[31] Acierno, R., Hernandez-Tejada, M., Muzzy, W., & Steve, K. (2009). National Elder Mistreatment Study (NCJ # 226456). Washington, DC: National Institute of Justice, Office of Justice Programs, U.S. Department of Justice.

[32] Yon, Y., Mikton, C., Gassoumis, Z. D., & Wilber, K. H. (2019). The prevalence of self-reported elder abuse among older women in community settings: a systematic review and meta-analysis. Trauma, Violence, & Abuse20(2), 245-259.

[33] Yongjie Yon, Maria Ramiro-Gonzalez, Christopher R Mikton, Manfred Huber, Dinesh Sethi, The prevalence of elder abuse in institutional settings: a systematic review and meta-analysis, European Journal of Public Health, Volume 29, Issue 1, February 2019, Pages 58–67,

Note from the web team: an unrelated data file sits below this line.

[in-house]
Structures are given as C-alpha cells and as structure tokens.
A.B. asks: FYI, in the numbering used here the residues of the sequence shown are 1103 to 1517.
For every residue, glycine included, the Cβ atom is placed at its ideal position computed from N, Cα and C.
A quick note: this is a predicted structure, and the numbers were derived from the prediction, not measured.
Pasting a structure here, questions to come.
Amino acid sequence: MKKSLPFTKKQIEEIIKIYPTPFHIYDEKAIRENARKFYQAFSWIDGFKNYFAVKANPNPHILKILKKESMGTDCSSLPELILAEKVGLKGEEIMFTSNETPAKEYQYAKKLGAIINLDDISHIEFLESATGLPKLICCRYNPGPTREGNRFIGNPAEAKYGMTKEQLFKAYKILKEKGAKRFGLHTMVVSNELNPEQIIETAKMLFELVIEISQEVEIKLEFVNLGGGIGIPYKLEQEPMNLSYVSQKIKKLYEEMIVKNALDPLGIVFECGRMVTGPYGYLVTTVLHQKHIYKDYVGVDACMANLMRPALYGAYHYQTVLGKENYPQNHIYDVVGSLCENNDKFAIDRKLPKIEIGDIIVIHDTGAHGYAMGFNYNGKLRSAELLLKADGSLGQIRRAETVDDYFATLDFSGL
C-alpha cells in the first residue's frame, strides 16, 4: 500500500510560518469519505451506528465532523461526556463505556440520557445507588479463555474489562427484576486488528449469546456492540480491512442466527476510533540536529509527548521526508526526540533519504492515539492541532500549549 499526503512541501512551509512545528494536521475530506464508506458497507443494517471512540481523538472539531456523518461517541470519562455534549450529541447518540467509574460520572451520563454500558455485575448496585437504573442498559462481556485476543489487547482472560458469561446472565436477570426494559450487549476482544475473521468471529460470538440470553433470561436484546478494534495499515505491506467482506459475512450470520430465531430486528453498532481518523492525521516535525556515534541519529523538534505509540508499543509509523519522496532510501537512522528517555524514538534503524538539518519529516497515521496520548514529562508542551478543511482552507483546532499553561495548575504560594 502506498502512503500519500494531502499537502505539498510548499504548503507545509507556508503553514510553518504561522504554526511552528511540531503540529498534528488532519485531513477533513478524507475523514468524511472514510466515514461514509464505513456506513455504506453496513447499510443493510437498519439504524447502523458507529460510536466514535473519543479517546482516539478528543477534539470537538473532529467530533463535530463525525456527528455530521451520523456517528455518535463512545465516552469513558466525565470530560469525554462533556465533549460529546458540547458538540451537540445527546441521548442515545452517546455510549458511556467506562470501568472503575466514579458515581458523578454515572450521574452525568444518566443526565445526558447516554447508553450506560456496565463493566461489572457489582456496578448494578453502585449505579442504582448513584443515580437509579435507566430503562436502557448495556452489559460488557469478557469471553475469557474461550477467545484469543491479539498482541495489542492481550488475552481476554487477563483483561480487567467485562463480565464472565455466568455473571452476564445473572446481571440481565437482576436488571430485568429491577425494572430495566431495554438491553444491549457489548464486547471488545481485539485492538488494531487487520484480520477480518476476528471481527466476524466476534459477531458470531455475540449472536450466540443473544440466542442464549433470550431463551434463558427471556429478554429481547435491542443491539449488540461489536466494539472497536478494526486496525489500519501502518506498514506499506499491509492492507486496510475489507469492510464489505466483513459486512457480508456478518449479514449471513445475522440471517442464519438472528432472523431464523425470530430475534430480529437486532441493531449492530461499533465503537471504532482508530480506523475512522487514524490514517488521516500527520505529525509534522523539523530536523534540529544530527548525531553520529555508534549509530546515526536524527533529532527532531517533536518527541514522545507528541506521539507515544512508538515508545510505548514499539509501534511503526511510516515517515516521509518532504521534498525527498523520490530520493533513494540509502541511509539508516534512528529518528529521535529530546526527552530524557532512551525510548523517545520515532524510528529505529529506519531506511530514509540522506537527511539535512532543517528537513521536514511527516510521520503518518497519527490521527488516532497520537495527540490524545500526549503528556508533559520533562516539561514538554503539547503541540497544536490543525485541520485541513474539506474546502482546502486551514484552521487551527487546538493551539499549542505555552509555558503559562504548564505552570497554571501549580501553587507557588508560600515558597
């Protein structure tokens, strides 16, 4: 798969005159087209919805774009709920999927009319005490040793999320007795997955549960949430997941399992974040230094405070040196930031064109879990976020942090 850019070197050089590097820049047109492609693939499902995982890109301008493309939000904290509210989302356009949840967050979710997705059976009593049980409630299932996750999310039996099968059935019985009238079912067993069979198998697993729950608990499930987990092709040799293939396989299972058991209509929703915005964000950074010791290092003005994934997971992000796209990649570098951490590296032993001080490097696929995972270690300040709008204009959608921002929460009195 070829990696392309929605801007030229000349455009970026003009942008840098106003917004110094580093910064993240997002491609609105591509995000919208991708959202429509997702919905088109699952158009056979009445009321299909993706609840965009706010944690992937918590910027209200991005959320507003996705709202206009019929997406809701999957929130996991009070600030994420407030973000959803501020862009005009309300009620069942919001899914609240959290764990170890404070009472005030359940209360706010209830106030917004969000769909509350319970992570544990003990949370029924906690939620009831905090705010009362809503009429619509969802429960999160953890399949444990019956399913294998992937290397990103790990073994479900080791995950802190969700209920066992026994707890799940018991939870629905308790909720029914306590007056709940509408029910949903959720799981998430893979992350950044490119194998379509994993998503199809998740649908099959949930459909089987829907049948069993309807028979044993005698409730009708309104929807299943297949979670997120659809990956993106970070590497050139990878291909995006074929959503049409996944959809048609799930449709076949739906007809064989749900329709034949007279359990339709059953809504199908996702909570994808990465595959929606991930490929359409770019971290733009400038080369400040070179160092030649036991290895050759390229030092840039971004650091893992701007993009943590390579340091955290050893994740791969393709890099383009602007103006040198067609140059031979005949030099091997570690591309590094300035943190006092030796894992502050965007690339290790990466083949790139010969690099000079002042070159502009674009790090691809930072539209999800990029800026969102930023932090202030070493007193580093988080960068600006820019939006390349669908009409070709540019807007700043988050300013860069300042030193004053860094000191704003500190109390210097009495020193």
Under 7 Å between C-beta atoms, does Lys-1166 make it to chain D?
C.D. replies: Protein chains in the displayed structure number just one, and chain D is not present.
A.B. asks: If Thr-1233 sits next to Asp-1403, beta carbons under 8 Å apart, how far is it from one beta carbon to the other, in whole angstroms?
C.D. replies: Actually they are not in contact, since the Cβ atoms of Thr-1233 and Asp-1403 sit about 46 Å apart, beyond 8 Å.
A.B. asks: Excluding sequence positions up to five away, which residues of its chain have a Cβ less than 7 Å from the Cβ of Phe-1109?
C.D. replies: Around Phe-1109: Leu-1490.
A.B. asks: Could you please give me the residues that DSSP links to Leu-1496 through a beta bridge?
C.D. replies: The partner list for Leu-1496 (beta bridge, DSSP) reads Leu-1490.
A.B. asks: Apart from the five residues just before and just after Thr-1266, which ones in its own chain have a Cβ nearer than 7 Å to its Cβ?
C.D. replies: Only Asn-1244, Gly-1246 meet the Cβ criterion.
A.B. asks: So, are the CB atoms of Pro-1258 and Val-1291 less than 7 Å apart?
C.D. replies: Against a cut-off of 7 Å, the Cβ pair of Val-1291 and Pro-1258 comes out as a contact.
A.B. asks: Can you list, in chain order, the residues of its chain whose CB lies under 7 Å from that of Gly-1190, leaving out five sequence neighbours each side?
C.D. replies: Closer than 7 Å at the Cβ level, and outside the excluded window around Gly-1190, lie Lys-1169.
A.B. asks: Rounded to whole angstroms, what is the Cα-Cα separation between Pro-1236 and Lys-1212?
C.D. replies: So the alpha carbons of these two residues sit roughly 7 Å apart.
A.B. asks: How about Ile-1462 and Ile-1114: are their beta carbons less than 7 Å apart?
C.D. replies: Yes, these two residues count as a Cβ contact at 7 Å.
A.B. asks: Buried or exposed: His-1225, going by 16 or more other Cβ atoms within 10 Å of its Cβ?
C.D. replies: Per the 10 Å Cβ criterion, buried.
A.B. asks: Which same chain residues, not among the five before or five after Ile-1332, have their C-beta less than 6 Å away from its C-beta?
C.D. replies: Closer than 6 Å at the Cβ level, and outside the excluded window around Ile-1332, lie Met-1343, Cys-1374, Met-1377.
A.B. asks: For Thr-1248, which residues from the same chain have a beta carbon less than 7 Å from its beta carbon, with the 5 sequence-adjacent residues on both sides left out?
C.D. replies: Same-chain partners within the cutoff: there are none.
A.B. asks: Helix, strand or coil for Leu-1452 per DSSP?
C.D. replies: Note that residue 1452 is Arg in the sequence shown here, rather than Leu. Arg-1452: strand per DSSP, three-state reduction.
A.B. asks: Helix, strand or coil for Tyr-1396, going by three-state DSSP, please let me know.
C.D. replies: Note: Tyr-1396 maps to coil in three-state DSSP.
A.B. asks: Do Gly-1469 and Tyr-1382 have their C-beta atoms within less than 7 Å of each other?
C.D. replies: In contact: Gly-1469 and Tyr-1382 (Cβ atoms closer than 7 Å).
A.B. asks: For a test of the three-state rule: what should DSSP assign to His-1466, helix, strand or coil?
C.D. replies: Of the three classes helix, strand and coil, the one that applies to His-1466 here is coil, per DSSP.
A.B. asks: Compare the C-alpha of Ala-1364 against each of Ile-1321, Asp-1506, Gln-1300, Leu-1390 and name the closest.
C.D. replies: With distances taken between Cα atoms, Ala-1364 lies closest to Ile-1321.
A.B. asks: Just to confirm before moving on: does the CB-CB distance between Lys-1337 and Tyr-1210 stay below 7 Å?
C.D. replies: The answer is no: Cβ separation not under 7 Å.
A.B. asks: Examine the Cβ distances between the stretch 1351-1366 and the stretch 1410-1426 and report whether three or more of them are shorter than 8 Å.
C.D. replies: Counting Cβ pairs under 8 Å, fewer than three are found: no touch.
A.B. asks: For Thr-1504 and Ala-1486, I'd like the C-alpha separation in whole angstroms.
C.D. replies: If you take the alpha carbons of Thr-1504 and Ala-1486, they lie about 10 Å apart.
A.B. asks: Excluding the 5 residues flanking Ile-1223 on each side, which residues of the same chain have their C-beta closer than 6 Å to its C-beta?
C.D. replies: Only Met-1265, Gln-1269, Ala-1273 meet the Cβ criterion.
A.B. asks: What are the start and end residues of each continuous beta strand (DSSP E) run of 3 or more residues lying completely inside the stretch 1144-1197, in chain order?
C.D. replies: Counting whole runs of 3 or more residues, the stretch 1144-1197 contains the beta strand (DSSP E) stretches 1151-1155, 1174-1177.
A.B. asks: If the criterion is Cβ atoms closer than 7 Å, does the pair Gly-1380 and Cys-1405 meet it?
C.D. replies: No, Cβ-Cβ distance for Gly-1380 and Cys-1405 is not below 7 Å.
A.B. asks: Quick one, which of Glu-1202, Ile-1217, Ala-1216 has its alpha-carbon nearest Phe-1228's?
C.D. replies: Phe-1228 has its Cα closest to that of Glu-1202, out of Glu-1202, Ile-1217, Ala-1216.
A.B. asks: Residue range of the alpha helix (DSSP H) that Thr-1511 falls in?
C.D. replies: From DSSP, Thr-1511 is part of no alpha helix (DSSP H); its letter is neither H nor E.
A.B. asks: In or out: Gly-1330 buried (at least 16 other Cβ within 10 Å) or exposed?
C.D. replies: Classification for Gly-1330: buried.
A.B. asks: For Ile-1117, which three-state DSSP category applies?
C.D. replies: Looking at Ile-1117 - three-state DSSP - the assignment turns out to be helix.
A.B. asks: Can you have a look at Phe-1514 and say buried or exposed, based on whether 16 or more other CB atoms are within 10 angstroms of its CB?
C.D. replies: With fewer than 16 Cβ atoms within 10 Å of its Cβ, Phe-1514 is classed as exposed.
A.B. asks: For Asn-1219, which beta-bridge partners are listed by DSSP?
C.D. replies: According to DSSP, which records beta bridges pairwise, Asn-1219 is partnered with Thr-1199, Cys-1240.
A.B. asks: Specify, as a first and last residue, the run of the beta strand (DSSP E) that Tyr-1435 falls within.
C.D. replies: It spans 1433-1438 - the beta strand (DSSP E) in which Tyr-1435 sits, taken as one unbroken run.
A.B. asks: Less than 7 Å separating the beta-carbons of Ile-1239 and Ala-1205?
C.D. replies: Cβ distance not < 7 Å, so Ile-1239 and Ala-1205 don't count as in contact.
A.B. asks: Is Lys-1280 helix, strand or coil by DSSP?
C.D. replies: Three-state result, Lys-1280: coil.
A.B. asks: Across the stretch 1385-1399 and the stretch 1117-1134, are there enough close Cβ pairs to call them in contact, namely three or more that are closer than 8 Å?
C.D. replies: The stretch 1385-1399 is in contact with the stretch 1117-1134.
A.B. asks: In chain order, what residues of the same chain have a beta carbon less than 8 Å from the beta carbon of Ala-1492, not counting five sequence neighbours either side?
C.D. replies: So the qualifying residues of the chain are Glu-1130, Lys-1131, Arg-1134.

[34] Pillemer, K., Burnes, D., Riffin, C., & Lachs, M. S. (2016). Elder abuse: global situation, risk factors, and prevention strategies. The Gerontologist, 56(Suppl_2), S194-S205.

[35] Storey, J. E. (2020). Risk factors for elder abuse and neglect: A review of the literature. Aggression and Violent Behavior, 50, 101339.

[36] Baker, P. R., Francis, D. P., Hairi, N. N., Othman, S., & Choo, W. Y. (2016). Interventions for preventing abuse in the elderly. Cochrane Database of Systematic Reviews, (8).

[37] Weissberger, G. H., Goodman, M. C., Mosqueda, L., Schoen, J., Nguyen, A. L., Wilber, K. H., … & Han, S. D. (2020). Elder abuse characteristics based on calls to the National Center on elder abuse resource line. Journal of Applied Gerontology39(10), 1078-1087.